Tuesday, August 02, 2005

 

"...we might not go out with a whimper after all.."

George Monbiot writes today in the Guardian about something few of us know about or want to know about - but which looks set to destroy us (unless, of course, bird-flu, global warming and the die-off from Peak Oil get us first).

George Monbiot's headline is The treaty wreckers


Ordinary members of the public are not expected actually to understand much about the "talks" going on about Iran's nuclear capability and North Korea's nuclear capability or the pacts and deals made by the US with both Pakistan and India. Media reports, such as they are, tend never to point out the obvious - that the playground bullies in the nuclear club condemn others for having the weapons they have themselves. If they were responsible instead of bullies, there might be some hope - but there are no prefects and no teachers on patrol. The UN nuclear watchdog, so vocal elsewhere, has no teeth to wonder why Britain is (according to George Monbiot and Robin Cook last week) replacing "our Trident nuclear weapons, without consulting parliament or informing the public."


In America, Mr Bush wants to destroy the non-proliferation treaty too. May's summit in New York was supposed to strengthen it - but John Bolton refused even to allow the other nations to draw up an agenda for discussion.. Monbiot tells us that Mr Bush, yesterday nominated John Bolton to the post of US ambassador to the UN against the wishes of Congress by means of a "recess appointment" - ie he sneaked it in while everyone was on holiday.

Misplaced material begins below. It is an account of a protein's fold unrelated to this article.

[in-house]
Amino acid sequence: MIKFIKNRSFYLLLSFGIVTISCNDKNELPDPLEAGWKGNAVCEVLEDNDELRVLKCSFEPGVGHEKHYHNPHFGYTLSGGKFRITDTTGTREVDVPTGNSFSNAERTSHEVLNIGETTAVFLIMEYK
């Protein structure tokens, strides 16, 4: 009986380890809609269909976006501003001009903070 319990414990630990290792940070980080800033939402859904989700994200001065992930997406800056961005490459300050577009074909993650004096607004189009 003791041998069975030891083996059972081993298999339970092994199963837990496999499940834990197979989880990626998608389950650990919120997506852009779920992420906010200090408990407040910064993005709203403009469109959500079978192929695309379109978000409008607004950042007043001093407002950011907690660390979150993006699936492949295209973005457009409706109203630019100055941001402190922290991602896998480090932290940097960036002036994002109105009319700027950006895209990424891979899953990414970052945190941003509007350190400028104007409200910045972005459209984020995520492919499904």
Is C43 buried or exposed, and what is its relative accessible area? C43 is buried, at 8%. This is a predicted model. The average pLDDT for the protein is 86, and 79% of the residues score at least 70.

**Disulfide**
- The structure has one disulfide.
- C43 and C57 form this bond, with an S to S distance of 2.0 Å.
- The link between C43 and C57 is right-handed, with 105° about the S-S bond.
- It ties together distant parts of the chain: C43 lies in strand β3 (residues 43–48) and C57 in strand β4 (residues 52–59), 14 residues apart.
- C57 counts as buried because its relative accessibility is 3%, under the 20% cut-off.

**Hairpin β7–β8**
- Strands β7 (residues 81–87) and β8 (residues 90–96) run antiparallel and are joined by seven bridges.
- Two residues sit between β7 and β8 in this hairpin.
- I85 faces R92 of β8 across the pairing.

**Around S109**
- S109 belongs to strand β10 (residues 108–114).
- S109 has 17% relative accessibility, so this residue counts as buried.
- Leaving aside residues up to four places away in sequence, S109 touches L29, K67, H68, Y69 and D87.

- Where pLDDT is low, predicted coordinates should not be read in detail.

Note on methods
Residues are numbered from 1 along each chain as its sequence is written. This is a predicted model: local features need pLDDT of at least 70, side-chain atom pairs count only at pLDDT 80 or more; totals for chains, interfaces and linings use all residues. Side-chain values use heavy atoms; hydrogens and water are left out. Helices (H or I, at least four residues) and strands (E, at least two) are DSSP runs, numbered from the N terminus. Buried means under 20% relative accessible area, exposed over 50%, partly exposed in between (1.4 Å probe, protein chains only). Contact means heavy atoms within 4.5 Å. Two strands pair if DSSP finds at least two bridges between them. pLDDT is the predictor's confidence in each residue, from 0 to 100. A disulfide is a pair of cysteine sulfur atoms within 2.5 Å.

He is now free to go ahead with research for a "robust nuclear earth penetrator" (RNEP)- which brings to mind not only one of the final scenes of the hugely enjoyable "The Incredibles" in which the "Underminer" uses a massive drill to wreak havoc upwards into the city- but also its wonderfully shock-haired maniac villain, boasting to an aghast Mr Incredible about his new weapon system, and bellowing, "Who needs super powers? NOW you respect me...because you are afraid."
It is Emperor Caligula and his Oderint dum metuant "let them hate as long as they fear". Monbiot tells us that the RNEP idea was conceived in 1991 as a means of dealing with Saddam Hussein's biological and chemical weapons.
Monbiot also spells out the American double standard.

Orson Wells as the smiling Harry Lime in The Third Man is a prophetic villain. From his vantage point on top of the Riesenrad, the large Ferris wheel, he sees people appearing like ants, and says that insects are the sort of thing one crushes with one's shoe without giving them a moment's thought.
But we aren't living in a film and there's no one left to defeat these Harry Limes who think they are statesmen. Blair seems now completely off his head with power and there is no one able to take him away with his arms encased in a straight white jacket. He is surrounded by sycophants, those who love the smell of power, and those who want a stepping stone to their own status and power. So there is no one to remind him of his own frailty. (Well, Cherie had a go this week, at least but she was derided as "insensitive" by a member of the so-called Opposition, God help us.) It is an Emperor's Court.

We might just as well be living under Caligula. The globe is now being ruled by tyrannical madmen - but like Caligula, who wanted to be worshipped as a god, they profess god-given righteousness and their voices drip with sanctity. And, as George Monbiot reminds us, "Geoff Hoon...announced ...that Britain would be prepared to use small nukes in a pre-emptive strike against a non-nuclear state."

Small "nukes" still make a big bang. Crushing insects for politics. "This is the way the world ends"...said T.S.Eliot, but he was writing before the days of nuclear non-proliferation treaties and the insane proliferation of huge nuclear bombs. The horror of Hiroshima was exactly 60 years ago. Once again, no lessons learned.



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